The book took much longer than we originally planned, mainly because of some health-related delays on my end. Luckily, we were dealing with patient contributors and publishers!
What do you need in order to write – in terms of space, food, rituals, writing instruments?
Tea. Lots of tea. And uninterrupted blocks of time, which are sometimes hard to come by. I write mostly in an office in my home, though occasionally I take a tablet or my old laptop out somewhere to write. I prefer to have my books around me, in case I need to look something up. I like the quiet, too. We recently had to move, and in the process our office space shrunk considerably. I purged about three quarters of my books, which was both painful and liberating (I sold or donated anything I hadn’t used in the eight years we lived in our previous house). My new, smaller desk—a motorized sit-stand model—is amazing, allowing me to alternate between periods of standing and sitting. For standing long periods, a good-quality memory-foam mat is essential.
What do you do if you're feeling discouraged during the writing process? Do you have a method of coping with the difficult points in your projects?
As a far-from-perfect perfectionist who suffers from imposter syndrome, I’m familiar with discouragement. A cup (or a pot) of tea helps in the moment. So do walks with our standard poodle, or hanging out with my daughters. And, if I’m in need of procrastinating about writing, there’s always other work to do, since I teach a fair number of university history courses every year.
What defines a great book, in your opinion? Tell us about one or two books you consider to be truly great books.
That depends on whether you’re talking about fiction or non-fiction, though in either case I like a compelling story, told with equally compelling writing. Since my own work is non-fiction, I tend to read a lot of fiction in my spare time. Feels less like work, and a half hour or so immersed in a fictional world before bed helps pull me out of the day’s stresses. One of my favourites is F. Scott Fitzgerald’s The Great Gatsby, andI love Michael Ondaatje’s early novels, particularly The English Patient and In the Skin of a Lion. Those are all beautifully written books. The latter is also so rooted in Toronto and its history, which appeals to me. I also enjoy the pure escapism of children’s literature, like the Harry Potter series, which I’m currently reading to one of my daughters.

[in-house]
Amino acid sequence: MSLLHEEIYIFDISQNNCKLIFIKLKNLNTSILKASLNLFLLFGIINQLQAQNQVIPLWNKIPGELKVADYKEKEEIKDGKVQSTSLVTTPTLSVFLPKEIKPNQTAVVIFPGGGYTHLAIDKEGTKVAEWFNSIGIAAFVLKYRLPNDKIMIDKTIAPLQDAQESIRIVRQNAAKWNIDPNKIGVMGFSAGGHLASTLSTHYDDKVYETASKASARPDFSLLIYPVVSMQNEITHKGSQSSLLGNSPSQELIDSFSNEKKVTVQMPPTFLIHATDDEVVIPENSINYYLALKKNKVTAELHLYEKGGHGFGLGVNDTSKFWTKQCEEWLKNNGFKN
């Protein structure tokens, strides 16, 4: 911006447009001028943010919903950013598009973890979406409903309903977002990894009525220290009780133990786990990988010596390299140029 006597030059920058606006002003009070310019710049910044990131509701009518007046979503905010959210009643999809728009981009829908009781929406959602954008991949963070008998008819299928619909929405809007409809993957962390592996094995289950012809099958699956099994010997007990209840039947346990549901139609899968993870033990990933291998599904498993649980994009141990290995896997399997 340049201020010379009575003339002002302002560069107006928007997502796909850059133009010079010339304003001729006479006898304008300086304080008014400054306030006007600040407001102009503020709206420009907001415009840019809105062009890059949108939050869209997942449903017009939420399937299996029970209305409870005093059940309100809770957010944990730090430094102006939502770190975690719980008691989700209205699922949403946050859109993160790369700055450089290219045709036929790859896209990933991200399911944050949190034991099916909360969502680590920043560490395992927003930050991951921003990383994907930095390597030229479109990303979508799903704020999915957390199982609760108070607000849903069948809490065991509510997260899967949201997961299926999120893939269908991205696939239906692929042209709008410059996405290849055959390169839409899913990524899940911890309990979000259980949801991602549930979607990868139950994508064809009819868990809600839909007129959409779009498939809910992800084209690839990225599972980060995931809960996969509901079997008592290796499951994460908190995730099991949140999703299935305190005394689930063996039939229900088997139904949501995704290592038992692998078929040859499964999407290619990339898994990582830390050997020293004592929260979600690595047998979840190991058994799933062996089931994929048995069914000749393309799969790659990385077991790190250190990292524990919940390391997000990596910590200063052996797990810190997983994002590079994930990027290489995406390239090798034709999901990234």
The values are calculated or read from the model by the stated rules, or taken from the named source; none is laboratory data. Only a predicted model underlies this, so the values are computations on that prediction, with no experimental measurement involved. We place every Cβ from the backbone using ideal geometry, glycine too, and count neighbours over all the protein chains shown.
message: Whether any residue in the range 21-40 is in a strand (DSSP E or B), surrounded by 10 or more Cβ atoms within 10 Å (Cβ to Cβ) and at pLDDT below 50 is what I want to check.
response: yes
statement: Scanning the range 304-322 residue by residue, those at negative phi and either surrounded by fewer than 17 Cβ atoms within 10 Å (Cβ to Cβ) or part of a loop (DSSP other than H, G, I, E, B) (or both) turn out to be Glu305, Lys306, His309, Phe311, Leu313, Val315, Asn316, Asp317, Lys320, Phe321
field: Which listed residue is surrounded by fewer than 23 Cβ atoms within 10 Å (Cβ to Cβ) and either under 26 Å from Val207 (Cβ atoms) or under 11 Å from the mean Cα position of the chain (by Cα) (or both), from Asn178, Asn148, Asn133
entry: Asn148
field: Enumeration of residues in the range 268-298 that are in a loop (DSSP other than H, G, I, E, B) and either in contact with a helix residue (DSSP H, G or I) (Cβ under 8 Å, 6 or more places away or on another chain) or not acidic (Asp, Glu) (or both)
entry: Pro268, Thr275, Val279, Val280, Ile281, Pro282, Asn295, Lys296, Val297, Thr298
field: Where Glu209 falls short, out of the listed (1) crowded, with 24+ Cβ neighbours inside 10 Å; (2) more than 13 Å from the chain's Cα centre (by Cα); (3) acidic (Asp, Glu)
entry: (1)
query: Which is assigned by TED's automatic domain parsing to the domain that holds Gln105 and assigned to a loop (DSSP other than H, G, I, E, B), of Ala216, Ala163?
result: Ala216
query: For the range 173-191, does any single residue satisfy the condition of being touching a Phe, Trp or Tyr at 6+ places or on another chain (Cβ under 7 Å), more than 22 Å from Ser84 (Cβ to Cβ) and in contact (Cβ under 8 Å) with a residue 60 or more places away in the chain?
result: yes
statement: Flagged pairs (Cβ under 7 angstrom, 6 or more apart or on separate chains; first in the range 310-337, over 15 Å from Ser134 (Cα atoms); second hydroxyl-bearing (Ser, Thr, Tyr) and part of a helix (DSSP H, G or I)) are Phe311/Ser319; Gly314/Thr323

What are you working on now?
I’m working on a book comparing consumer activism in Canada and the United States during the Second World War. In both countries, women mobilized as consumers to support government price control and rationing programs and to try to shape economic policymaking in the interests of ordinary peoples. They envisioned a more humane economic system that would uplift those with the most meagre pocketbooks, give a voice to the voiceless, and democratize economic decision-making, thereby making the capitalist economy itself more democratic. Although their successes were limited and didn’t, for the most part, outlast the war and postwar Red Scare, theirs was a vision worth uncovering and remembering, especially with the current reactionary political climate south of the border.
Joseph Tohill writes about and teaches twentieth-century American and Canadian history, including the history of public policy, consumer politics, and consumer activism, at York University and Ryerson University.
Louis Hyman is an associate professor of history at the ILR School of Cornell University, the co-founder of Cornell’s History of Capitalism Initiative, and the incoming director of ILR’s Institute for Workplace Studies in New York City. He is the author of Debtor Nation: The History of America in Red Ink and Borrow: The American Way of Debt.